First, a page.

Study Finds Rats, Like Humans, Less Likely to Offer Help When in a Group

A new study using rats suggests that how a person decides whether to step in and help another person who is in distress may be more a factor of biology than psychology and may show why some people show empathy and others do not.

A long-held social-psychological concept holds that people in a group are less likely to help someone in need than if those individuals were alone. The idea, known as “the bystander effect,” is often explained by suggesting a larger group “diffuses responsibility.” In other words, an individual might feel less personally responsible for helping.

But the study, conducted at the University of Chicago and published Wednesday in the Journal of Science Advances, shows rats, making decisions based purely on biological instincts and not any concept of right or wrong, reacted in a similar way while part of a group.

Led by neurobiologist Peggy Mason, the researchers used a small device to restrain a single rat. They then created a group of rats categorized as “bystanders,” giving them an anti-anxiety drug, similar to Valium, to ensure that these rats would not help the one in distress. The goal was to see if a nondrugged rat would still jump in and help the rat in distress, despite guaranteed inactive bystanders.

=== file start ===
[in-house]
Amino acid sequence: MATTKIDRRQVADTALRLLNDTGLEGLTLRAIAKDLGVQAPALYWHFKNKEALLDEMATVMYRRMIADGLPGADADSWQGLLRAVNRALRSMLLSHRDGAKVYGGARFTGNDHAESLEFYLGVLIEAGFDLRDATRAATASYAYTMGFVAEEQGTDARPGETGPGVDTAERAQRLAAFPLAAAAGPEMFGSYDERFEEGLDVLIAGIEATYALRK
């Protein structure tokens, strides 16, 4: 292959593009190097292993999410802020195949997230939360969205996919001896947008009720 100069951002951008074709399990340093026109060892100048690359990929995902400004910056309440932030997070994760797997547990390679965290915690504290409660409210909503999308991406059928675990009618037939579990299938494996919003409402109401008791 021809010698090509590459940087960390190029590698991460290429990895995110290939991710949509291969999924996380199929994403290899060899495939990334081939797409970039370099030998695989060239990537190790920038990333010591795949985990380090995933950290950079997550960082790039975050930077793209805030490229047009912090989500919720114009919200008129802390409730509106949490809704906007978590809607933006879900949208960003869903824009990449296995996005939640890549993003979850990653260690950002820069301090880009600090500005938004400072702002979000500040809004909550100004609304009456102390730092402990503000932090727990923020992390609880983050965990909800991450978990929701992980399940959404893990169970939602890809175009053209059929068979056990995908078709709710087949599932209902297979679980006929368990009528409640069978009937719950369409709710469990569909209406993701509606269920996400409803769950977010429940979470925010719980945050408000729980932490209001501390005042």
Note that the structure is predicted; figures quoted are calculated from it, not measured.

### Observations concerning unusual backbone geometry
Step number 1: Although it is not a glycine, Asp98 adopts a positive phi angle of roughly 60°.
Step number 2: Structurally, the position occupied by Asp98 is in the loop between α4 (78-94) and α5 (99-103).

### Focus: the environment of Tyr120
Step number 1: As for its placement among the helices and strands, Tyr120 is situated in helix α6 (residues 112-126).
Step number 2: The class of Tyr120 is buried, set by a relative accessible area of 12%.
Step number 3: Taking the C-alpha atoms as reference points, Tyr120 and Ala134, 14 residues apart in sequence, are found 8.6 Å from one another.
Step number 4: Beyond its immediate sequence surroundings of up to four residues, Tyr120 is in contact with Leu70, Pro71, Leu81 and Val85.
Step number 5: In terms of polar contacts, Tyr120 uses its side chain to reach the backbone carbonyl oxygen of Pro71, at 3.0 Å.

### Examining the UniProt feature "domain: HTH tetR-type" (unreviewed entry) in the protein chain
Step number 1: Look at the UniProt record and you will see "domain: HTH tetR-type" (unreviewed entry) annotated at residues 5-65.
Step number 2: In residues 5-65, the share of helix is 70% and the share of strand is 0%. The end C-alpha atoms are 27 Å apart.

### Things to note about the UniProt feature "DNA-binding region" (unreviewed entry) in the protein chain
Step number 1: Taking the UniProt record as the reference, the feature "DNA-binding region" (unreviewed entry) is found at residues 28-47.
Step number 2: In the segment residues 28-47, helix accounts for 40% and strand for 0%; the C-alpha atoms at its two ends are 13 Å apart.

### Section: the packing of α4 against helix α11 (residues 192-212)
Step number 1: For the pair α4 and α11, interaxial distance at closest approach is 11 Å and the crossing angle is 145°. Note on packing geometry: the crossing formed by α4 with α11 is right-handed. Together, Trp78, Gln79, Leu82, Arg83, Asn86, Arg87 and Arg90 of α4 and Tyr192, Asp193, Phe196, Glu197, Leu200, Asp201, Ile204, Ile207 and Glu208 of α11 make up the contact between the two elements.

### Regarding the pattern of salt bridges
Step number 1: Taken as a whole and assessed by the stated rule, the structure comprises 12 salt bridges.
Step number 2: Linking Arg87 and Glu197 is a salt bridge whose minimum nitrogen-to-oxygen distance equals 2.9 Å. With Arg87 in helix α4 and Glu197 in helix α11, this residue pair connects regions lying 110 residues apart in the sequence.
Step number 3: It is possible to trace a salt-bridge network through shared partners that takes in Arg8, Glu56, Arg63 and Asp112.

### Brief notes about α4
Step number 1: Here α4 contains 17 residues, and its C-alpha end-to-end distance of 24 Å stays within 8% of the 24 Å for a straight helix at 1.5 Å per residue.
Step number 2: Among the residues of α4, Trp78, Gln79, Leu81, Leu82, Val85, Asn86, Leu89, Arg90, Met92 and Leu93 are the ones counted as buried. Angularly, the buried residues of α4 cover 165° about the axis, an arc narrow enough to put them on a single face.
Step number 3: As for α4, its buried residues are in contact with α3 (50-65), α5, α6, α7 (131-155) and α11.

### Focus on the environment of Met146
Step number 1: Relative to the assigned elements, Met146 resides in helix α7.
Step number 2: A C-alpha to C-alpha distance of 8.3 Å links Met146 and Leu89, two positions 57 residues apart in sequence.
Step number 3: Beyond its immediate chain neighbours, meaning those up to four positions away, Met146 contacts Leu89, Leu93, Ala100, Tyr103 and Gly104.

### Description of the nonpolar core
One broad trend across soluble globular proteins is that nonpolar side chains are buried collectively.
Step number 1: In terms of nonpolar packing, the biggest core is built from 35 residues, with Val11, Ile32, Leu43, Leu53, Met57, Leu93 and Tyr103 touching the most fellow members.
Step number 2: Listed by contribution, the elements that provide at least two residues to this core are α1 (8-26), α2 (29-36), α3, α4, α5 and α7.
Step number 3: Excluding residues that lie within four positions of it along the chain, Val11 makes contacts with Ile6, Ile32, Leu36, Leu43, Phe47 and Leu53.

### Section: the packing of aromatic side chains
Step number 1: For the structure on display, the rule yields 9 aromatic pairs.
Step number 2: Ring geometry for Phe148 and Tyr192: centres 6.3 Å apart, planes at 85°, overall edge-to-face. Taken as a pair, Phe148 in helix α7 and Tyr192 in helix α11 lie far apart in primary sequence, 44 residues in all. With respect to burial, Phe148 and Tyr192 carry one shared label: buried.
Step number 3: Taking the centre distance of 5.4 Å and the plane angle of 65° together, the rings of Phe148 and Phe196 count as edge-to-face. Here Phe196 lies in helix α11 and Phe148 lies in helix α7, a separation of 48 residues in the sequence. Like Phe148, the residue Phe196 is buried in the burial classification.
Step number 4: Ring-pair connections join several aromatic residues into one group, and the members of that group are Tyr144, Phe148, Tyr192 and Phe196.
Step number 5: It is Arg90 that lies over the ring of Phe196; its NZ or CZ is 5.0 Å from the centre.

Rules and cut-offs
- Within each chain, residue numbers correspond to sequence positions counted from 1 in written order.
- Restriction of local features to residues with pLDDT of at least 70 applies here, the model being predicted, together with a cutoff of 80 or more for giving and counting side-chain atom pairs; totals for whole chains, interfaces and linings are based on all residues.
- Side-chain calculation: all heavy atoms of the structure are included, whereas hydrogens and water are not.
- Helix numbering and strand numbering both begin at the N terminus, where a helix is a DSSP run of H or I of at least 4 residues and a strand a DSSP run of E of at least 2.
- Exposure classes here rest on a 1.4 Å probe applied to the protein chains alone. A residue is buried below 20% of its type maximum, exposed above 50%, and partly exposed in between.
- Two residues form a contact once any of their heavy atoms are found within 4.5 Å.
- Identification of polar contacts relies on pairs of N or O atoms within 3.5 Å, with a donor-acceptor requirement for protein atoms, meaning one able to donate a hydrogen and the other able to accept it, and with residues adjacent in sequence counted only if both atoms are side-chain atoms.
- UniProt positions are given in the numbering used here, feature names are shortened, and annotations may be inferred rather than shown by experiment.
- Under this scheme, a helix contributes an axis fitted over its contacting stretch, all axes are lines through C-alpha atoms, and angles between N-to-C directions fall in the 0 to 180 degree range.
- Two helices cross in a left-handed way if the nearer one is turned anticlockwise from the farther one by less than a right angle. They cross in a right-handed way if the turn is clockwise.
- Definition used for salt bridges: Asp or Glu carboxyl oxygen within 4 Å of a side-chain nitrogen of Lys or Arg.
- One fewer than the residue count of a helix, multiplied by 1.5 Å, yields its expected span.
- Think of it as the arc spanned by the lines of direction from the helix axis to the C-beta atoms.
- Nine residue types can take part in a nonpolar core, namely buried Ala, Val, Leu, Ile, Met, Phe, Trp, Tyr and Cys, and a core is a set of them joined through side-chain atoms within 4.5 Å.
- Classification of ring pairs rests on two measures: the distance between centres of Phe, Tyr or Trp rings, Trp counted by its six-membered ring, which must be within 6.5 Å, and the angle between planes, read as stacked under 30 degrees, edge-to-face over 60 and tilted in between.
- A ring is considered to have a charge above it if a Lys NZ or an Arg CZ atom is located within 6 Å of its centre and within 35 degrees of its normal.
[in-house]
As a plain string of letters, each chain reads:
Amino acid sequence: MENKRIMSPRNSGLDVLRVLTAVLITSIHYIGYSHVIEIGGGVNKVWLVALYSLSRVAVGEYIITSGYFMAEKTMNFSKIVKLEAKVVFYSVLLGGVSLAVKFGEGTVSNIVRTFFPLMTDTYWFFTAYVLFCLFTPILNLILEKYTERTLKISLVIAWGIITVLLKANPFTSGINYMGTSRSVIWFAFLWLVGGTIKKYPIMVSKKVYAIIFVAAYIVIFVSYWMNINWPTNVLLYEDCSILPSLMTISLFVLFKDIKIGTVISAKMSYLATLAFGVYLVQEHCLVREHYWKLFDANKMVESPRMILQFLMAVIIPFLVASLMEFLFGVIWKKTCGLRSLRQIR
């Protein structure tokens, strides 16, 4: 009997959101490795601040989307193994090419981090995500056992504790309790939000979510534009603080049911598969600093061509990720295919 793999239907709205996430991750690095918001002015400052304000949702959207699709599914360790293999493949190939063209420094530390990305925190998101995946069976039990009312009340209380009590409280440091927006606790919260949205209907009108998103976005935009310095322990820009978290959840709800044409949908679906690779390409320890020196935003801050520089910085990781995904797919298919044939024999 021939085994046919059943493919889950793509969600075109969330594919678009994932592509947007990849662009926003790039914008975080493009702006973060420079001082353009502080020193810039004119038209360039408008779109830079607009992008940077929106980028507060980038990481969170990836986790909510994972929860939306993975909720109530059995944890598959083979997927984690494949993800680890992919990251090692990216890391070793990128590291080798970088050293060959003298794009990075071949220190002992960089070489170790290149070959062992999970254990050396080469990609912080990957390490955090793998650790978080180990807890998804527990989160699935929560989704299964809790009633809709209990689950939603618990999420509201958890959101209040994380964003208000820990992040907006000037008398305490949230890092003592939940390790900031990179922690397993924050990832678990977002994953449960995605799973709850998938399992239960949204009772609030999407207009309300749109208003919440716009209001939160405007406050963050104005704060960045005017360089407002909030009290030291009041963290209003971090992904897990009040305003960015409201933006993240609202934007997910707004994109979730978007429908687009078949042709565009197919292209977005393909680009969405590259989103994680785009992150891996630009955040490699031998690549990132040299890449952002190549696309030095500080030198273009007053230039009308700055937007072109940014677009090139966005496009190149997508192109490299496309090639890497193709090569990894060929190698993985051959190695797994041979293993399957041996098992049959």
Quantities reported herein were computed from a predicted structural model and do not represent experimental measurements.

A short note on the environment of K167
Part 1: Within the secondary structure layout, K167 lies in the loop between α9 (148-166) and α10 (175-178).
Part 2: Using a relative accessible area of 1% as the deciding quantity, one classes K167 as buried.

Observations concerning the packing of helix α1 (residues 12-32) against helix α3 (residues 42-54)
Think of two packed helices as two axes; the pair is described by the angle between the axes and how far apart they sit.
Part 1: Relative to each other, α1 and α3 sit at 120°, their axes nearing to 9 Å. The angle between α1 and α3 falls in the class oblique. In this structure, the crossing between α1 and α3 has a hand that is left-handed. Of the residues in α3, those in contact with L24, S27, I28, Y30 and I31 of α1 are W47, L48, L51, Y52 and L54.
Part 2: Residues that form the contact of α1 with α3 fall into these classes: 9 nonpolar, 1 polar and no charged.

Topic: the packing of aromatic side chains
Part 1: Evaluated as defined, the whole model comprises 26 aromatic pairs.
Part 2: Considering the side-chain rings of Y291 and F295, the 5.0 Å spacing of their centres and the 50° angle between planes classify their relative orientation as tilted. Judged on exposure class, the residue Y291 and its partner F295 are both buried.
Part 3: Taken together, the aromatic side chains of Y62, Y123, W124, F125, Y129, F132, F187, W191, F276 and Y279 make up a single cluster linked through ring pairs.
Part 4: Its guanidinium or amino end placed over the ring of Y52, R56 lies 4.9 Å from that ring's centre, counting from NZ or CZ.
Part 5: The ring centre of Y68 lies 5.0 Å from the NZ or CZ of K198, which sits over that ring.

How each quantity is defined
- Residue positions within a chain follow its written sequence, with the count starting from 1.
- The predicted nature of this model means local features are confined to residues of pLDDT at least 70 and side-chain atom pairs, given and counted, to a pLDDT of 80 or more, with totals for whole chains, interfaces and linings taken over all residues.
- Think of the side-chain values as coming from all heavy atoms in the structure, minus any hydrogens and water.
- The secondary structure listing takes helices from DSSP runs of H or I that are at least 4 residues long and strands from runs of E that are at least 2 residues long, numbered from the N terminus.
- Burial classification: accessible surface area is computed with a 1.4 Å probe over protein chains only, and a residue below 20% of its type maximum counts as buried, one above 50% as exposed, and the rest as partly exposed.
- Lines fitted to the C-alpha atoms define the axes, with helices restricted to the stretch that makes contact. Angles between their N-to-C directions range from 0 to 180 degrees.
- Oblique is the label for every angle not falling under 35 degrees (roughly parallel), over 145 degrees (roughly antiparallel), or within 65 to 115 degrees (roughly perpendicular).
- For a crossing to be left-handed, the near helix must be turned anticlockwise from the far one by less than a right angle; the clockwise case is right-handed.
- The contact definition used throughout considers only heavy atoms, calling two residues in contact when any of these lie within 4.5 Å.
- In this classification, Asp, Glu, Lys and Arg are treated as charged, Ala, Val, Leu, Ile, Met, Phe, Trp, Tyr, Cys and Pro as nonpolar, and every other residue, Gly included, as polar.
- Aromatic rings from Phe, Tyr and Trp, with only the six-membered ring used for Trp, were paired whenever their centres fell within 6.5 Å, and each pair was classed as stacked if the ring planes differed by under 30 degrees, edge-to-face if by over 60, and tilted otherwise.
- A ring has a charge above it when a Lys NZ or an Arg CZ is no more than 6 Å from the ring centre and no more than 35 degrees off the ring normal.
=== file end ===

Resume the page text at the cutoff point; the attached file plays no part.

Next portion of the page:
The experiment revealed that when “bystanders” were unhelpful, the nondrugged rats were less likely to help the restrained rat.

Mason maintained this showed that the tendency is not a human cultural phenomenon. “This is part of our mammalian inheritance,” she said.   

Mason noted that when the “bystander” rats were tested alone and without drugs, they offered aid. “It’s the indifference of these other rats that changes the experience for them,” she added.



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